A decade ago, a national “census” of Business Improvement Districts (BIDs) — organizations led by the private sector and supported by special taxes paid by businesses in the district — found there were more than 1,000 in the United States, performing everything from rubbish collection to streetscape improvements to business recruiting and retention.
Conducted by an institute within the Rutgers University School of Public Affairs and Administration and funded by member organizations of the International Downtown Association, the study found that almost half of those BIDs were in cities of under 100,000 population, including 35% in cities of under 50,000. But there were also 97 BIDs in cities with populations over 3 million — including more than 70 in New York City. California had the largest number of BIDs with 232, followed by New York (115), Wisconsin (82), New Jersey (77) and Illinois (59).
D.C. did not make the Top 10 then. But that’s not to say it doesn’t have pioneering BIDs now.
Last October, the Golden Triangle BID encompassing Washington’s central business district earned LEED Platinum — the highest level of LEED certification — under the U.S. Green Building Council’s (USGBC) LEED for Communities rating system that tracks such sustainability metrics as energy, water, waste, transportation and human experience. The Golden Triangle thus became the first business improvement district in the world to be named a LEED-certified community.
“This honor is a tribute to the community’s incredible commitment to environmental stewardship and sustainability,” said Leona Agouridis, executive director of the Golden Triangle BID. “As a neighborhood, we are driven by a shared vision for a resilient, green and inclusive central business district that is a great place to work, live, and play.”
The resilient and inclusive facets were reiterated in June when the district was the site of massive protests against racism.
“We stand united with Mayor Muriel Bowser in supporting today’s visual demonstration as well as the many demonstrators here in our nation’s capital who have been exercising their rights in the neighborhoods we have helped manage, fund, grow, support and protect,” said a joint statement from Agouridis and DowntownDC BID President and CEO Neil Albert, noting that both districts had “long served as the stage for significant moments of our nation’s history. We are neighborhoods that welcome all to exercise their First Amendment rights.”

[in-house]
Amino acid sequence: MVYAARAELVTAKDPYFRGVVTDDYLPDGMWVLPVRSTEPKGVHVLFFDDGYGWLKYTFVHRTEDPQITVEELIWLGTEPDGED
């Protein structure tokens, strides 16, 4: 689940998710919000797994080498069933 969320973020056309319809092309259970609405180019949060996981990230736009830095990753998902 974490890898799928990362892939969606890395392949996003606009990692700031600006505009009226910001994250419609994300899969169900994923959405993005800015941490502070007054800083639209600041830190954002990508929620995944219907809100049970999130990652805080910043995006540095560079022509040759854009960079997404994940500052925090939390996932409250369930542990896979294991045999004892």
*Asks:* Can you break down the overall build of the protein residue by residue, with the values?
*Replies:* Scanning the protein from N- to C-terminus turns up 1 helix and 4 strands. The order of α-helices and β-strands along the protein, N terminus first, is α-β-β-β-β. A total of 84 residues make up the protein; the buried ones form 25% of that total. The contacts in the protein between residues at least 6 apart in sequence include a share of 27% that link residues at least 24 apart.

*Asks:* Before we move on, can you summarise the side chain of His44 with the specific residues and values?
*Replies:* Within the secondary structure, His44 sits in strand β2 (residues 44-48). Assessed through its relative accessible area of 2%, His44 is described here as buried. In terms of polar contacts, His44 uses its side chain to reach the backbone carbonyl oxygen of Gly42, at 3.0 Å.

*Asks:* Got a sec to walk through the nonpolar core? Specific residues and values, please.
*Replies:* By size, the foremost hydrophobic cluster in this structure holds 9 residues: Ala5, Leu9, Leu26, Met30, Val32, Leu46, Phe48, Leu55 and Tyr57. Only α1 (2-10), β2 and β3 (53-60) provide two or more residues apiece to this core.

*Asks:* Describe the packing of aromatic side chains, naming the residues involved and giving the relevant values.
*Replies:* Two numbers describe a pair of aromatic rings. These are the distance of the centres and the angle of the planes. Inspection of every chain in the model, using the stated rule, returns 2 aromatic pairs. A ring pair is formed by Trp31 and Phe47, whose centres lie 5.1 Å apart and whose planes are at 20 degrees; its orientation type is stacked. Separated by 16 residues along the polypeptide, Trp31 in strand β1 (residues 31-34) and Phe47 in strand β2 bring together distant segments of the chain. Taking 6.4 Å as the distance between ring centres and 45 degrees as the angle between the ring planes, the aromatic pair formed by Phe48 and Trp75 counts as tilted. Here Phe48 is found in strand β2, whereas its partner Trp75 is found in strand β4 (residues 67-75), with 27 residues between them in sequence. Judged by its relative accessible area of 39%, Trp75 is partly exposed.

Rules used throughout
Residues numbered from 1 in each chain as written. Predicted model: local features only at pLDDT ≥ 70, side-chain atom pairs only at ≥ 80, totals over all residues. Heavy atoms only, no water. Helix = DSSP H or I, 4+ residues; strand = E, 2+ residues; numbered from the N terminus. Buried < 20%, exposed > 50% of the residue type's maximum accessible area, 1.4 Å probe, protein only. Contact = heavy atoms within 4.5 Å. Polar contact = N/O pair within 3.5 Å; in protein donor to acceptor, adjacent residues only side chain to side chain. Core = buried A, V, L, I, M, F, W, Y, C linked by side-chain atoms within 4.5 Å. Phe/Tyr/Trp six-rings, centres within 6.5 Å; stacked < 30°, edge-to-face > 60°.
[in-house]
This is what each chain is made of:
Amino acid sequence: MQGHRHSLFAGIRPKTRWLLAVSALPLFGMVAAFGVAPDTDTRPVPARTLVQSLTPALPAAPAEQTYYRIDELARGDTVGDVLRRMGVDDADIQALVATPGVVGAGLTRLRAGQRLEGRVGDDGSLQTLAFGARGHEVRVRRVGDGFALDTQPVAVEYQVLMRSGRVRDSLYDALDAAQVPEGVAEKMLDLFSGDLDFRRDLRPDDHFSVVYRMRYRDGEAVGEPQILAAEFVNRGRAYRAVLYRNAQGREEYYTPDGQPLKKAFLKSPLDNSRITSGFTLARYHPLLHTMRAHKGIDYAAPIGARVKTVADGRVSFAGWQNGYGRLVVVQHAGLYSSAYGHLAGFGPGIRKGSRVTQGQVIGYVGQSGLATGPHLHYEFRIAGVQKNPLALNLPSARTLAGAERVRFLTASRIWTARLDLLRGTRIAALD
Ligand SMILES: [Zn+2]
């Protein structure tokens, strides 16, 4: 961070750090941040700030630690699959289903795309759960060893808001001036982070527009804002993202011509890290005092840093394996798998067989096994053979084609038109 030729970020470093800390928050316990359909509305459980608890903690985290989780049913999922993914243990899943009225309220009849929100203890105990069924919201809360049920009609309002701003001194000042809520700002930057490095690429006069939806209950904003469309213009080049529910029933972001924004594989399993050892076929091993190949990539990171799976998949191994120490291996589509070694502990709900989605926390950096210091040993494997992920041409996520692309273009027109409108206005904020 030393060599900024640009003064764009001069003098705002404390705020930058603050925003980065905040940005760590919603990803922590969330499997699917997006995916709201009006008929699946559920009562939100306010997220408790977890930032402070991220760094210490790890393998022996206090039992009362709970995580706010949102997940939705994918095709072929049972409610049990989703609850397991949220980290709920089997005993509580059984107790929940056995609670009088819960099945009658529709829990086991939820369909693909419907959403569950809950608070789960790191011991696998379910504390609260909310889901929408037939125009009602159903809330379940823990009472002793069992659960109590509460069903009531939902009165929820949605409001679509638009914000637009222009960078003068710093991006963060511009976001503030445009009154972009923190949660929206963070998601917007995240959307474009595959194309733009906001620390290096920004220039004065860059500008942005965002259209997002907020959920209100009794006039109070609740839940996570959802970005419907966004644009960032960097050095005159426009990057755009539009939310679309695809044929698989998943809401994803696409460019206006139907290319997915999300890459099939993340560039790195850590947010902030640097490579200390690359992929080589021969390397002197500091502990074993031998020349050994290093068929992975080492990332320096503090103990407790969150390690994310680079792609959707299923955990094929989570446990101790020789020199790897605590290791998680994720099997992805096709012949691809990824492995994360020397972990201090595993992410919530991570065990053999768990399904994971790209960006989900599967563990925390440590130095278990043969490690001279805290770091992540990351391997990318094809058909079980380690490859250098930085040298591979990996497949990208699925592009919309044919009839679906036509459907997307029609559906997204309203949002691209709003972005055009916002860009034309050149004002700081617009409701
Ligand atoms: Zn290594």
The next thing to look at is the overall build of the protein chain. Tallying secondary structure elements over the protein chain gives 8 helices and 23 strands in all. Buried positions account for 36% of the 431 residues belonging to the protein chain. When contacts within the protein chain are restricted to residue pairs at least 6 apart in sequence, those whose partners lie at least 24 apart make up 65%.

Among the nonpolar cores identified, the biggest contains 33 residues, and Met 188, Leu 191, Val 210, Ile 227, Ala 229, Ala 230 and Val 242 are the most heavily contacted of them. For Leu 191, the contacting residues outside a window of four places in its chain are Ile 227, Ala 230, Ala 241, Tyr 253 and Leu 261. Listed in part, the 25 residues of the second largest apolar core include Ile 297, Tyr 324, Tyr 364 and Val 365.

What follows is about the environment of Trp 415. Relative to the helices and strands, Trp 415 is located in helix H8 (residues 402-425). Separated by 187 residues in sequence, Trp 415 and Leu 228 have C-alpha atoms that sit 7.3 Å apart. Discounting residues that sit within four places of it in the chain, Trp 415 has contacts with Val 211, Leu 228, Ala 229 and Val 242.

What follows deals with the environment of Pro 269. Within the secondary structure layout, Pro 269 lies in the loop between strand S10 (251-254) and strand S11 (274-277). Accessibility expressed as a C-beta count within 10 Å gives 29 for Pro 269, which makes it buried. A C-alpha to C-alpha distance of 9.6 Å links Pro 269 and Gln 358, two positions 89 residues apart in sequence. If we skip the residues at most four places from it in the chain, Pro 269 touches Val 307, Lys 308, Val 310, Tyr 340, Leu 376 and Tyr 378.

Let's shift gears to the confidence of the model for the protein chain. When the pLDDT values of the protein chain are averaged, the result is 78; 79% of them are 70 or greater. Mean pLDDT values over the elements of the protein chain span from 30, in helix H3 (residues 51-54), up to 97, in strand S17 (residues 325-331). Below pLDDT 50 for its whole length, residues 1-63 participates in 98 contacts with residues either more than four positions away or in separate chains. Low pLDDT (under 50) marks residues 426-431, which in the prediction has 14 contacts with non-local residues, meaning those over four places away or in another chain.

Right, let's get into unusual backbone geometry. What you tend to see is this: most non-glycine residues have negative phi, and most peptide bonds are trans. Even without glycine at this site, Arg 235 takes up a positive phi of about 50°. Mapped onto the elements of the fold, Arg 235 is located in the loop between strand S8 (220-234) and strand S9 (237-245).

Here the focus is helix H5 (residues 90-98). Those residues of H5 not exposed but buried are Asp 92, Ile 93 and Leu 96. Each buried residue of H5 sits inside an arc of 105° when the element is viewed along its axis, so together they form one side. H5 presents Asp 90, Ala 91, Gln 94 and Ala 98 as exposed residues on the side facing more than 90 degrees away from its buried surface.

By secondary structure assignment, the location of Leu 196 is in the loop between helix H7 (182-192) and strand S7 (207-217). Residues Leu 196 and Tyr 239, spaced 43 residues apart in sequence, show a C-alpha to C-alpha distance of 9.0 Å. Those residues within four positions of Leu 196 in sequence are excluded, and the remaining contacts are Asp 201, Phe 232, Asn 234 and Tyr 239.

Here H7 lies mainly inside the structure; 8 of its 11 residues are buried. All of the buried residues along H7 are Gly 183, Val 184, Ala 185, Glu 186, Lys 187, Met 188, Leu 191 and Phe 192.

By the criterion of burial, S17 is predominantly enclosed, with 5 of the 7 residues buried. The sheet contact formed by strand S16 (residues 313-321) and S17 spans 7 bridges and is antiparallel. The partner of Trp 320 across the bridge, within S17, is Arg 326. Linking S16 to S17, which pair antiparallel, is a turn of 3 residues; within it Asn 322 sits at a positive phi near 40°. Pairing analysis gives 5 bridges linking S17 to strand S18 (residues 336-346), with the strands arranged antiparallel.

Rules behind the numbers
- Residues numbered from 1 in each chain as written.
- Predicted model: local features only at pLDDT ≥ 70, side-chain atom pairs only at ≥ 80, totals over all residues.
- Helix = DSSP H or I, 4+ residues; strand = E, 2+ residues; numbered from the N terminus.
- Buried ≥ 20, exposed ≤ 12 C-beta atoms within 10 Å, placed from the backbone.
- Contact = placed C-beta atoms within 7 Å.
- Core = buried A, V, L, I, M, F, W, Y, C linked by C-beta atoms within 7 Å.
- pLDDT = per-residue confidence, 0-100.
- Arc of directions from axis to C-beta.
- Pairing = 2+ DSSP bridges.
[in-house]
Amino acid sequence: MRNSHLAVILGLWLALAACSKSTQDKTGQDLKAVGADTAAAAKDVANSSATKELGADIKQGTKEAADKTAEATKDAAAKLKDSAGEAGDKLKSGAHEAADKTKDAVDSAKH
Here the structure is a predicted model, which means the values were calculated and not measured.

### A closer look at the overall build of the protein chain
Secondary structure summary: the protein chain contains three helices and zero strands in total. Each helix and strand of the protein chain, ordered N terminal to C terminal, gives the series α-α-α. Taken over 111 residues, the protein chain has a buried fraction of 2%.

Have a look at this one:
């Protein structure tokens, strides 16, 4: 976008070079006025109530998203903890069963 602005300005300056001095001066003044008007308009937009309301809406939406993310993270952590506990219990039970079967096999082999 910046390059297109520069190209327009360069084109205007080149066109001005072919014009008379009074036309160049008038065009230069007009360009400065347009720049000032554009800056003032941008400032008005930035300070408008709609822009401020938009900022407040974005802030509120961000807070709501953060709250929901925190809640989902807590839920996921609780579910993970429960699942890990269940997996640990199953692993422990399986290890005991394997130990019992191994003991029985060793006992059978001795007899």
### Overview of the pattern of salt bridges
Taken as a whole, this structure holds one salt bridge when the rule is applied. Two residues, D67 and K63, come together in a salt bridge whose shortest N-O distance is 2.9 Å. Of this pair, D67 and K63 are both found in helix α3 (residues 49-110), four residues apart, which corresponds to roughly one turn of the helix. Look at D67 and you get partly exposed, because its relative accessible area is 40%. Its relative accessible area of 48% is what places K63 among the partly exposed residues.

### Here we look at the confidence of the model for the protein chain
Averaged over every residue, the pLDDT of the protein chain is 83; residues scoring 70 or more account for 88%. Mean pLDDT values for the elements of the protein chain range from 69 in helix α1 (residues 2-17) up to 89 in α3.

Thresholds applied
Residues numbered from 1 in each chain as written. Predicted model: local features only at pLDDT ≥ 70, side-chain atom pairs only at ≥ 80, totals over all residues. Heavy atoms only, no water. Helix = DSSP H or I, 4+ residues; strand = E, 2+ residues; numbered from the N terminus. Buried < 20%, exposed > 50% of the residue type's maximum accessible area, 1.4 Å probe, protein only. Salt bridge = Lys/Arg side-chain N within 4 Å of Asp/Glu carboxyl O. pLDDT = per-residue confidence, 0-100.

The visual demonstration they alluded to was the painting of the “Black Lives Matter” slogan in huge construction-yellow block letters along 16th Street NW between K and H Streets. But the Golden Triangle BID has supported its share of other visual and infrastructure improvements that helped garner the LEED-Platinum designation, with maximum scores in energy, water and transportation and high-level performance scores in waste and human experience. Among them:
Sixteen rain gardens since 2012 have helped convert more than 16,000 sq. ft. of asphalt and concrete into green space.
The redesign of Penn West — Pennsylvania Avenue west of the White House — included an acre of new green space and tree boxes, an expanded tree canopy and a half-mile of median-protected bike lanes extending the city’s bicycle network.
The BID has installed more than 400 bike racks throughout the neighborhood, which accommodate parking for 800 bikes. The Golden Triangle also worked with the city to bring protected bikes lanes to L Street and M Street.
Recycling initiatives, the installation of green infrastructure, a homeless outreach program, community events, public art, and placemaking efforts such as Golden Streets and Golden Haiku have further fortified the area’s everyday livability and connectivity.
Those are just the public infrastructure and amenities. LEED buildings themselves are a big factor in a LEED community. There are currently 63 LEED-certified buildings in the Golden Triangle BID, representing 42% of the total built area.